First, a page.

The Drake Passage The infamous Drake Passage extends about 1,000 km (600 miles) between Cape Horn and the South Shetland Islands. To reach the Antarctic Peninsula it is necessary to traverse this stretch of water at right angles to the current flow. This, coupled with the propensity for high winds in the region, can cause rough seas, and conditions sometimes referred to as the “Drake Shake.” While the seas can be quite lively, our Quark Expedition – Antarctica vessels have stabilizers designed for this type of weather.
Conversely, the “Drake Lake” is occasionally encountered when the passage is calm. Many people consider the Drake Passage a rite of passage on their voyage to the Antarctic.
On all Antarctic voyages, the crossing takes approximately 48 hours in favorable conditions. Due to the great unpredictability of the weather patterns, it is really just up to chance which Drake you will experience.
Cape Horn On select Polar voyages, we’ll attempt to land on Cape Horn. The Cape Horn National Park was declared a World Biosphere Reserve by UNESCO in June 2005. Before the construction of the Panama Canal, the only way for ships to cross between the Atlantic and Pacific oceans was to brave the Southern Ocean. Cape Horn is located on the most extreme southern tip of Chile and the seas there are as rough today as they were hundreds of years ago. Sailing around the ‘Horn’ is considered by some to be the “Everest” of sailing.
Antarctica Peninsula Your first step on the 7th continent will take place in the most readily accessible part of the Antarctic Peninsula, the most northern stretch of Antarctic land. Stepping foot on the 7th continent is a moment of pleasure and excitement that affects each traveler differently.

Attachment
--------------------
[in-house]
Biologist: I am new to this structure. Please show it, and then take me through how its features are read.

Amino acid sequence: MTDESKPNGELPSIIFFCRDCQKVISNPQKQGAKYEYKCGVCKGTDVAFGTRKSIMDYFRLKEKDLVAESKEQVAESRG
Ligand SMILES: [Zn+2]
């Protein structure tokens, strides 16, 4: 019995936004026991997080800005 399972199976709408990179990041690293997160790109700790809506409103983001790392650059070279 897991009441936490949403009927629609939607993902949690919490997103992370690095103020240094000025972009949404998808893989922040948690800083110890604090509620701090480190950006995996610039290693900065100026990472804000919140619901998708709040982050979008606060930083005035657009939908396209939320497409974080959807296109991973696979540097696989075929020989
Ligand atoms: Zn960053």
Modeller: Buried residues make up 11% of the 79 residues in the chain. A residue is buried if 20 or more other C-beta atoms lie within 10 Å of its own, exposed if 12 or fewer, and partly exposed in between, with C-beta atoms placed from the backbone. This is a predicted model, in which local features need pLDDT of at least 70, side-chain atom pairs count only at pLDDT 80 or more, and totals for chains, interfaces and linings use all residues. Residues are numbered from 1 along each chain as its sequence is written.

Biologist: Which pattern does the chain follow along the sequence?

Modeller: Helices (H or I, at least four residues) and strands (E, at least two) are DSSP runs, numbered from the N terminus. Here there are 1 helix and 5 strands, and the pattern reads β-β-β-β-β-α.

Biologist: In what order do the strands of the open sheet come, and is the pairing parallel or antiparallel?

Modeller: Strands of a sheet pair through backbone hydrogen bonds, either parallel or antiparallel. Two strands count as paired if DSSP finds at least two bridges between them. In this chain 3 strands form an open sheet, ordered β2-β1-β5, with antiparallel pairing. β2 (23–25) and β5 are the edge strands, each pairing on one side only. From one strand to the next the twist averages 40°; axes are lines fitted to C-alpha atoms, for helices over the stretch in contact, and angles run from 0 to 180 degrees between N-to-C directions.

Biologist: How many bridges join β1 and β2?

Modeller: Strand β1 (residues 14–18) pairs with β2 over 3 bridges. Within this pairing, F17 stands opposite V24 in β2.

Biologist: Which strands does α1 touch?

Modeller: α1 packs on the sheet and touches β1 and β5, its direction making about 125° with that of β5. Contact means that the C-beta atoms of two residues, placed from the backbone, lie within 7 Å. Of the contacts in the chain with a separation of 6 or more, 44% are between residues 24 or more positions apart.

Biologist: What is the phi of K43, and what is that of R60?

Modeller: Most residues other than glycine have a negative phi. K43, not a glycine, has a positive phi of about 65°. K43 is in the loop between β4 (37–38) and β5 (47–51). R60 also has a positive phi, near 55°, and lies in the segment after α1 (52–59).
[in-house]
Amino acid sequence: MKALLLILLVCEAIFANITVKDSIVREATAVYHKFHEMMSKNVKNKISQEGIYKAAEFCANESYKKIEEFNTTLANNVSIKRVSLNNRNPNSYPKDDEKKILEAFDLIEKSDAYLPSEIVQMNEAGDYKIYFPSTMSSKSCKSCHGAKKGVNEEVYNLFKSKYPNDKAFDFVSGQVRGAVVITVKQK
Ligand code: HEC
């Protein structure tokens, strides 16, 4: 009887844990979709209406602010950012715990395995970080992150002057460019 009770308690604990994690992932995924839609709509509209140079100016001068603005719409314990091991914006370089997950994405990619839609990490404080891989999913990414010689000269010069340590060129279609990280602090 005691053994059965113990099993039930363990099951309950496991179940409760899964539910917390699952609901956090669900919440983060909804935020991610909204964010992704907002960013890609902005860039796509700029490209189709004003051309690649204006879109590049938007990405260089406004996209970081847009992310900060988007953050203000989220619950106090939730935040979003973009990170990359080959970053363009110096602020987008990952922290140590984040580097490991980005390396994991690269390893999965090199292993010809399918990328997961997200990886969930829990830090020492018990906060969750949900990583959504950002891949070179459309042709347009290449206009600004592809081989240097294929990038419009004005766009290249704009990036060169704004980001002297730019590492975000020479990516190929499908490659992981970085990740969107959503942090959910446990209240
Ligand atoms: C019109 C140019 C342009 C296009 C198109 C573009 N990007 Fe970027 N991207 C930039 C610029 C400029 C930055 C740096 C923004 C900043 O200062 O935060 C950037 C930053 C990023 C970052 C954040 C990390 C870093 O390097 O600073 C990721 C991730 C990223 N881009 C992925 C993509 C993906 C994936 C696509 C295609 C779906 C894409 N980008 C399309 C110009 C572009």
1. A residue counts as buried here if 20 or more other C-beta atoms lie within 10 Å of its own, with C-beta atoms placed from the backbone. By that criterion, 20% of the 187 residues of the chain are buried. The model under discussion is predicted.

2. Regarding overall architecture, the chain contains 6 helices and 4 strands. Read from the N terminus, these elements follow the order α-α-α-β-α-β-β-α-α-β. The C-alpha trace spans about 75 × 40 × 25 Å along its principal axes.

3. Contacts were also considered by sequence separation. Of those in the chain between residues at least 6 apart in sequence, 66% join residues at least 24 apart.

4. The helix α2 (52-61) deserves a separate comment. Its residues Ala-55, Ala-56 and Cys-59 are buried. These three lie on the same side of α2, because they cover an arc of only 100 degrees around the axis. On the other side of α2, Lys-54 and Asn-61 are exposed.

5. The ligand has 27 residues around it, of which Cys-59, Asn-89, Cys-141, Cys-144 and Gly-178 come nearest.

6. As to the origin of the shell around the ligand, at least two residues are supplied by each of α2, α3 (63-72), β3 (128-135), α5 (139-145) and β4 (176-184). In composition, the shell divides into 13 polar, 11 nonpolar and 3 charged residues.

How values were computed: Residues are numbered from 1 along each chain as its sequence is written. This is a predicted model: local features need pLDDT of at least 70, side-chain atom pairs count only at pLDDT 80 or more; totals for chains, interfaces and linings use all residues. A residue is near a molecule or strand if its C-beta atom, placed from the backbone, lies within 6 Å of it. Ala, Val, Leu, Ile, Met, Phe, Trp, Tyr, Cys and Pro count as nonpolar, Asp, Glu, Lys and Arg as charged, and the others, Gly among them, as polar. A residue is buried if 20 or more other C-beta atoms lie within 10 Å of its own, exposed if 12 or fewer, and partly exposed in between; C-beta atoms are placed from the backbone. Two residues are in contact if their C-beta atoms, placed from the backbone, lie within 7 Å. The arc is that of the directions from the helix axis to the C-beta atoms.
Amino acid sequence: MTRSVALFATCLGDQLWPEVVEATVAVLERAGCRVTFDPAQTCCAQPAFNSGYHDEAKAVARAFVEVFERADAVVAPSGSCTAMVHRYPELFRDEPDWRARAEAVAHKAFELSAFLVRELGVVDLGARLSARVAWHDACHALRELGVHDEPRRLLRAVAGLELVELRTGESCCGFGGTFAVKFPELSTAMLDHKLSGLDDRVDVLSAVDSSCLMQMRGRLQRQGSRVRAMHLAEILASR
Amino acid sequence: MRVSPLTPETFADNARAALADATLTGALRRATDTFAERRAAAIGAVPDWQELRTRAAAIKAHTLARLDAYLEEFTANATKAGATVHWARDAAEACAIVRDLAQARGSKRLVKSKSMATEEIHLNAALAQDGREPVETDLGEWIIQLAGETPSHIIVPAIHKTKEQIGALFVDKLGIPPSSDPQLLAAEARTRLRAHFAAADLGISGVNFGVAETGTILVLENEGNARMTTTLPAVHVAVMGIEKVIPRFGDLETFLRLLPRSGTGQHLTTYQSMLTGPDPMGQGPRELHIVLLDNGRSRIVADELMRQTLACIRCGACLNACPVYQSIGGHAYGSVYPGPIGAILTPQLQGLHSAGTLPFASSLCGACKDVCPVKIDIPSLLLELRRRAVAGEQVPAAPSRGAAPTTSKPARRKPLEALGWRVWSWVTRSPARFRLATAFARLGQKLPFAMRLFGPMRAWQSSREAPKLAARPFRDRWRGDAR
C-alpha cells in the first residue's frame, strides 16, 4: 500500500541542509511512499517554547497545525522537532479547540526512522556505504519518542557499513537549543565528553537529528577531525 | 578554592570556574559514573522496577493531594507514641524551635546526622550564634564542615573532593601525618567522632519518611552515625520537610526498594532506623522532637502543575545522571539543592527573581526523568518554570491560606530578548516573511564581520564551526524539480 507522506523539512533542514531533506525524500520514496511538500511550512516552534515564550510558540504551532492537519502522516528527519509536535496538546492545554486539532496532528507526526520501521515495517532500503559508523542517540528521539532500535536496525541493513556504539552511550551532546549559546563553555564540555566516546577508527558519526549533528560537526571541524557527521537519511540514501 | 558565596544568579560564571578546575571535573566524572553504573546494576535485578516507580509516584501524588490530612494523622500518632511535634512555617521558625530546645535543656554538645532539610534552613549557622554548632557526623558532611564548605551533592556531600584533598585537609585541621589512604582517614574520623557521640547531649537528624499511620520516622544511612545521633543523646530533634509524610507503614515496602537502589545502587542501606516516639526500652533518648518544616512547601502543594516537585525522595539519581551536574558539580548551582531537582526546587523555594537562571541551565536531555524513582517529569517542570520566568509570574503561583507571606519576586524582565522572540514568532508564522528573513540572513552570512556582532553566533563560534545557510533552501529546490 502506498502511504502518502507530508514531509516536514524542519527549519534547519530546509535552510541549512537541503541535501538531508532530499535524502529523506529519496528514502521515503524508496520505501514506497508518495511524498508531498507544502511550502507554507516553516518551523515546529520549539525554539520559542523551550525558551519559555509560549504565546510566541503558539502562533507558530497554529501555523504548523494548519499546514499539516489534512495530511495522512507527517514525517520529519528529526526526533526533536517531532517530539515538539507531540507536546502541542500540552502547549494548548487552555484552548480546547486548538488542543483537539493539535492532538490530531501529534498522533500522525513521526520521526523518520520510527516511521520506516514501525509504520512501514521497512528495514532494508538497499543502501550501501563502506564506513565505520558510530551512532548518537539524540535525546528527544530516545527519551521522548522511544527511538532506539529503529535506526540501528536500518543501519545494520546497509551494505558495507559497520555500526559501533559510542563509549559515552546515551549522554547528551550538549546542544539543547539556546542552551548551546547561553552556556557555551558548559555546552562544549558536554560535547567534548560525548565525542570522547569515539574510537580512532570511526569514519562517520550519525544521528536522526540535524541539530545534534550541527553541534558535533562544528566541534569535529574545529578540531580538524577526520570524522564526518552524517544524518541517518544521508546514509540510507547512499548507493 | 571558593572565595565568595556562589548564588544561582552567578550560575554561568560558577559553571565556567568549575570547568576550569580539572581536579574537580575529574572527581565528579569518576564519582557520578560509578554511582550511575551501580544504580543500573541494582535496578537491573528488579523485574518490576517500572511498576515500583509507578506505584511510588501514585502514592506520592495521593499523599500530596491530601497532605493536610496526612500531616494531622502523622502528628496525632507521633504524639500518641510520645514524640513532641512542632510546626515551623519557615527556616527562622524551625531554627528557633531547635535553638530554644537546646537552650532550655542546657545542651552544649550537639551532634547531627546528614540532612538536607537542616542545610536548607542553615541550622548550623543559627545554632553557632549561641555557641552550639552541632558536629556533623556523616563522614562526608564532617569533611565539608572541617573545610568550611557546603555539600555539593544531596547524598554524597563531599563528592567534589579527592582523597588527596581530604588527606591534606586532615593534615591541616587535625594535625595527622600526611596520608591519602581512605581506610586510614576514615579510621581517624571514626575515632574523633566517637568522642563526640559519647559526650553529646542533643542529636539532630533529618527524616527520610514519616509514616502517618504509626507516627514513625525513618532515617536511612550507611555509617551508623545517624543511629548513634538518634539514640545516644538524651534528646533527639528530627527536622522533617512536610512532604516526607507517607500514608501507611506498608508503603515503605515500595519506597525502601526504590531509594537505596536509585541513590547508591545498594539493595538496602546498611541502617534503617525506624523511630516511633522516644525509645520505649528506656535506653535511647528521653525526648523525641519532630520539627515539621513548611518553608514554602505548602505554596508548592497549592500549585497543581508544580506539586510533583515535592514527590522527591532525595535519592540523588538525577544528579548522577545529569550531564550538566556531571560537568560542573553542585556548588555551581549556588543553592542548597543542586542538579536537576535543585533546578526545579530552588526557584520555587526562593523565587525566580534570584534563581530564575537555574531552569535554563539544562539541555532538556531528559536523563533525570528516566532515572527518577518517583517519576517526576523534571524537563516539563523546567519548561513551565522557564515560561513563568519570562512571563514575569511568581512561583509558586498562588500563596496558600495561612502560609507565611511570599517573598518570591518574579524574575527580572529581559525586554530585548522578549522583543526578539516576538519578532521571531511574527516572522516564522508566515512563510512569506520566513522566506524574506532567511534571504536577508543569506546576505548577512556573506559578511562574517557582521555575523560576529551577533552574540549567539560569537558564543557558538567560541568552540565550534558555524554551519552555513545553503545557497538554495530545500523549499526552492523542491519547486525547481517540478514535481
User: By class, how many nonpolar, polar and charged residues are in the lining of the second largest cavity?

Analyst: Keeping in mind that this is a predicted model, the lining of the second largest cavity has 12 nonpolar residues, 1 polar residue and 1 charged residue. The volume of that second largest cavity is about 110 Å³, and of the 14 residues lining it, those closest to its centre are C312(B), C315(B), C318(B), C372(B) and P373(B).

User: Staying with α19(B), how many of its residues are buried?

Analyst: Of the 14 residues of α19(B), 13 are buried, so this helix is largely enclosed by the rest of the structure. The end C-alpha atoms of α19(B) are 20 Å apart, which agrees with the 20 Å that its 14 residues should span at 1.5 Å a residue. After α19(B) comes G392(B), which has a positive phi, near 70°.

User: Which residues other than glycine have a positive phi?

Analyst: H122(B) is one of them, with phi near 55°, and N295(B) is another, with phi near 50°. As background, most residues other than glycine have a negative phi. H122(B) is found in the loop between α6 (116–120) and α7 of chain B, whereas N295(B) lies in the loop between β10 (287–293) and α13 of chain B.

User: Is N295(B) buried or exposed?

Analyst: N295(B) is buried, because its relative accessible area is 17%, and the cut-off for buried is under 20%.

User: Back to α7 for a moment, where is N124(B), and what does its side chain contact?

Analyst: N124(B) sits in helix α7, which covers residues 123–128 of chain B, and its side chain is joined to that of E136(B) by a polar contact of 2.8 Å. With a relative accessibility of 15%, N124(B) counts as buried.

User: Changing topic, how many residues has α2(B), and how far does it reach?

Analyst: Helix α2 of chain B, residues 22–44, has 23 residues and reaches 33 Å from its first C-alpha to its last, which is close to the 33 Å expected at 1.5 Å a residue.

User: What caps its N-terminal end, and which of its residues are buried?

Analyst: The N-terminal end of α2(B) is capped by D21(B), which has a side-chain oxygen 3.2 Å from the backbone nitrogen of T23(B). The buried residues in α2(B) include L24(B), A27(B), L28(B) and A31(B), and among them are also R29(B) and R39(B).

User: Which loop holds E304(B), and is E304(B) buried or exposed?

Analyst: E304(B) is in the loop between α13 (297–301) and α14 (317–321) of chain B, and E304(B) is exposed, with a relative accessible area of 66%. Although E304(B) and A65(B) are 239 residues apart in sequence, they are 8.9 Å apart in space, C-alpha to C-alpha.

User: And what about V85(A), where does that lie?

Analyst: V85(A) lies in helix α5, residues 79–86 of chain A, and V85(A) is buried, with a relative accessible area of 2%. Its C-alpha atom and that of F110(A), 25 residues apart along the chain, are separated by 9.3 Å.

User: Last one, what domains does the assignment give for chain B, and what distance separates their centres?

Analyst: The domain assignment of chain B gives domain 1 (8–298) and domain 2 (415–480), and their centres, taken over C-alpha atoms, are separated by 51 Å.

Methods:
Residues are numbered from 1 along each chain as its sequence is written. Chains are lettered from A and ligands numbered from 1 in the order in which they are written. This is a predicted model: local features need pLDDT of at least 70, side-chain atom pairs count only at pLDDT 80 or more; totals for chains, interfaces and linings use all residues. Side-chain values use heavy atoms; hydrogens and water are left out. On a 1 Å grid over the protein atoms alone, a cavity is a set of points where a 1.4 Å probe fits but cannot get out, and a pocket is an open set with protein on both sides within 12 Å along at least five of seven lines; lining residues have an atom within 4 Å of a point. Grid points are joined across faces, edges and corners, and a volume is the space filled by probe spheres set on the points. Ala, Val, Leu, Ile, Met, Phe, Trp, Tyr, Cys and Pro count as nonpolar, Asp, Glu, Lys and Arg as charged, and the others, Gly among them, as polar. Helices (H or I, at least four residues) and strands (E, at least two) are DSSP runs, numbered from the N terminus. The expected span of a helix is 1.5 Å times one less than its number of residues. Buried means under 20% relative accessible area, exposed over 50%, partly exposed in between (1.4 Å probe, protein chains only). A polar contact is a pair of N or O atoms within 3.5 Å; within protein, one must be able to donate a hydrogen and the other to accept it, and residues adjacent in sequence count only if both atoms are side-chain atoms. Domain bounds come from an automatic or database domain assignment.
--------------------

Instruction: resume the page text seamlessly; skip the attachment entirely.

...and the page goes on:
On land you’ll encounter wildlife in abundance, and have the chance to stand amongst enormous penguin rookeries, and from the deck of the ship see Minke and humpback whales at close range.
The Falkland Islands The Falkland Islands, also known as Islas Malvinas by the Argentines, are located some 400 km northeast of Tierra del Fuego, the southern-most point in South America. This archipelago itself consists of East and West Falkland, divided by Falkland Sound.
The Falklands are of great interest for birdwatchers. There are 63 breeding species and 23 annual migrants, plus a long list of others that occasionally arrive. Thanks to the rich surrounding seas, the Falklands boast no less than six breeding species of penguins
South Georgia This slightly crescent-shaped, mountainous island lies some 1,300 km (800 miles) east-south-east of the Falkland Islands (Islas Malvinas). It has not only an astonishing concentration of wildlife, but also glaicers, fjords and low-lying grassland. It is at Grytviken, a once-active whaling station where Ernest Shackleton is buried. Often referred to as the “Galapagos of the Poles,” you’ll likely be greeted by a massive king penguin colony at Salisbury Plain, and a beach with thousands of fur seals or elephant seals at Gold Harbour.
South Orkney Islands These are a group of rather barren islands 1,360 km (850 miles) north east of the Antarctic Peninsula. The climate is rather harsh, with strong winds, frequent rain and snow. Snow falls about 280 days each year. The bird life of the South Orkneys is plentiful, and Coronation Island is an important breeding site for the beautiful, but rather elusive pure white snow petrel. There are some large penguin rookeries, and a host of other seabirds also breed here.
South Sandwich Islands The South Sandwich Islands are located about 800 km (460 miles) south-east of South Georgia. The islands form a chain some 390 km (240 miles) long, comprising 11 major and several smaller islands. The islands are volcanic in origin and some remain active.
There is at least one extraordinary wildlife spectacle within the South Sandwich Islands: Zavodoski Island is home to approximately 1,000,000 pairs of breeding chinstrap penguins on its volcanic slopes, making it one of the largest penguin colonies in the world. Those who have seen this massive penguin colony speak of it with awe.
South Shetland Islands The South Shetland Islands are approximately 120 km north of the Antarctic Peninsula and will usually be your first stop en route to the Peninsula. Home to a great number of animals, you’ll spot an abundance of wildlife, including various species of penguins, seals and sea birds.